Edit: message sent; hope he replies.


Have you got any reply?

Re: If the piano sounds good, you needn't question why. Correct?
jc201306 #2148338 09/11/13 04:43 PM
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I did not read all the posts but Burton's piano really sounds like a DP to me. He's playing nice but the DP sound spoils it a bit for me...


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Re: If the piano sounds good, you needn't question why. Correct?
pianoloverus #2148341 09/11/13 04:51 PM
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Originally Posted by pianoloverus
Originally Posted by patH
A new and freshly prepped piano will always sound and feel at its best. But if after a few weeks, the action becomes mushy and the sound out-of-tune faster than you can say: "Peter plays the piano perfectly with plenty of pedal", then you have bought a lemon.
I'd be surprised if this is true even for the "worst" entry level pianos available today.
What do you base this statement on?

I'm basing this on my experience with school pianos at the university where I studied music.
My favorite piano was a Sauter upright. Sounded crisp and had a very precise and agreeable action on the first day I tried it, and throughout my stay at the university.
During my studies, the university acquired a few new Schimmel pianos. One of them was put in the same room as the Sauter.
In the first weeks, it played and sounded nice. But after a few weeks, the action started to feel unpleasant. Imprecise, mushy.
After giving this Schimmel a few tries I went back to the Sauter for practice.

So what I learned then was: Used Sauter > Used Schimmel when it comes to quality.
I know that Schimmel has since then being restructured; maybe their new pianos are better.


My grand piano is a Yamaha C2 SG.
My other Yamaha is an XMAX 300.
Re: If the piano sounds good, you needn't question why. Correct?
jc201306 #2148343 09/11/13 04:54 PM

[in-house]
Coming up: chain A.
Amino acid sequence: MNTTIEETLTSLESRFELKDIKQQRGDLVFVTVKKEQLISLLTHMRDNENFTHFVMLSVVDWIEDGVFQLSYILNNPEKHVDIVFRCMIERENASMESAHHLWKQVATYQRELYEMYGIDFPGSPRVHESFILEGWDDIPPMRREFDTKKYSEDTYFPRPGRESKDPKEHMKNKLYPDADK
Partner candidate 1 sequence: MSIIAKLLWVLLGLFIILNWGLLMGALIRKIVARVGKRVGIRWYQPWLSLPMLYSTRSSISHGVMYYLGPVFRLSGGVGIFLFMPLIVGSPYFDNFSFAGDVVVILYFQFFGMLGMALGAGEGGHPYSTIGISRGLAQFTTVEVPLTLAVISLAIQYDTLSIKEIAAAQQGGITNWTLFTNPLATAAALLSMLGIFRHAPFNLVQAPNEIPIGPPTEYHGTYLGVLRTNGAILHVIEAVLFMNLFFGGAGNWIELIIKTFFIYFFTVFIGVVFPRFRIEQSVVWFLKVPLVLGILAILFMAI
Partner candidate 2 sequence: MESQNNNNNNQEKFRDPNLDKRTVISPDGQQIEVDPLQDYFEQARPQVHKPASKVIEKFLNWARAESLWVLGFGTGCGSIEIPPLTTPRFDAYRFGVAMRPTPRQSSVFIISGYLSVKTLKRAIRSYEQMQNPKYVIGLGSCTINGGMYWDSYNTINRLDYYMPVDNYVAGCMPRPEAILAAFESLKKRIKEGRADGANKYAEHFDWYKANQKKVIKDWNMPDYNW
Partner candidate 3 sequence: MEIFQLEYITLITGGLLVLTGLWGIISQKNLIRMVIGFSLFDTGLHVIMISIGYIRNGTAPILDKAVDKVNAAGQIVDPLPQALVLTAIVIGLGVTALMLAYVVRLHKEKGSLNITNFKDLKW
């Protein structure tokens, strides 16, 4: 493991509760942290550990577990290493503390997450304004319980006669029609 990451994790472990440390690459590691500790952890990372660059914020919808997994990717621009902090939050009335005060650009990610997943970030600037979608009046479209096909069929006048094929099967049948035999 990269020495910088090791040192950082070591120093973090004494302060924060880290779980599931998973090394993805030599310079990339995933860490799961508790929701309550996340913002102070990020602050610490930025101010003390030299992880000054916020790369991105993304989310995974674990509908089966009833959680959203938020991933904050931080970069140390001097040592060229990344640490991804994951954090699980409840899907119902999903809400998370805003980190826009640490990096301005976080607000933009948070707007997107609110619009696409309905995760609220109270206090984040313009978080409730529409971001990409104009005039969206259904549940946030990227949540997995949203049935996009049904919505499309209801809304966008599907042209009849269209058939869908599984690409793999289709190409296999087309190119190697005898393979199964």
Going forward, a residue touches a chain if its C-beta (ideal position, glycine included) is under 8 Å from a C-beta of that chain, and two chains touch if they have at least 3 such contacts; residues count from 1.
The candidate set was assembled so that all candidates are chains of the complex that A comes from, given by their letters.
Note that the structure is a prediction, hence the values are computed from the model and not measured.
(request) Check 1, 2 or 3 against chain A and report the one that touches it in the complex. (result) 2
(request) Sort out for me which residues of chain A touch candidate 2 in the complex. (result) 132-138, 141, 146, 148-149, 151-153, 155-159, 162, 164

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Originally Posted by jc201306
"If the piano sounds good to you, you needn't question why — just buy the piano and enjoy it!" Yes, this is almost a direct quote of Larry Fine. And yes, comments similar to this one are repeated on this forum and piano showrooms every single day. It is very much politically correct.

But, is it CORRECT?


It actually is a number of statements:

1 If the piano sounds good to you, you needn't question why

2 If the piano sounds good to you, just buy the piano

3 If the piano sounds good to you, enjoy it

@1. Of course you can question why. It may help you find other pianos that also sound good.

@2. Well, there is more to consider than how it sounds. How is the action? How does it sound to others? How old is it? How much maintenance does it need? How does it look? How expensive is it? ...

@3. Even if it sounds good, you may not enjoy it. See also @2.

Originally Posted by jc201306

If indeed it is, then:

There is no point discussing anything technical. Are the dense and stiff wood rims better than the soft wood ones? Are the wet-sand-casting plates better than the V-Pro ones? Are the wood actions better than the composite ones? Are the solid spruce soundboards better than the laminated ones? Why bother? As long as it sounds good to you, you should not care even if the sound board is made of cardboard, right? grin


See @2. Even if cardboard pianos would sound great, there may be other considerations determining whether I would buy it.

Originally Posted by jc201306

Furthermore, there is no point arguing the sound quality either. There is no better or worse sound. ....


If you belief so, good for you, get the cheapest piano you can find ;-) However, if you have such bad ears, you might have some problems learning to play the piano. Wrong or right keys, wrong or right rythm, whatever.. you may think there is no better or worse sound, but that won't make you a very good pianist.



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Re: If the piano sounds good, you needn't question why. Correct?
patH #2148392 09/11/13 06:20 PM
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Originally Posted by patH
Originally Posted by pianoloverus
Originally Posted by patH
A new and freshly prepped piano will always sound and feel at its best. But if after a few weeks, the action becomes mushy and the sound out-of-tune faster than you can say: "Peter plays the piano perfectly with plenty of pedal", then you have bought a lemon.
I'd be surprised if this is true even for the "worst" entry level pianos available today.
What do you base this statement on?

I'm basing this on my experience with school pianos at the university where I studied music.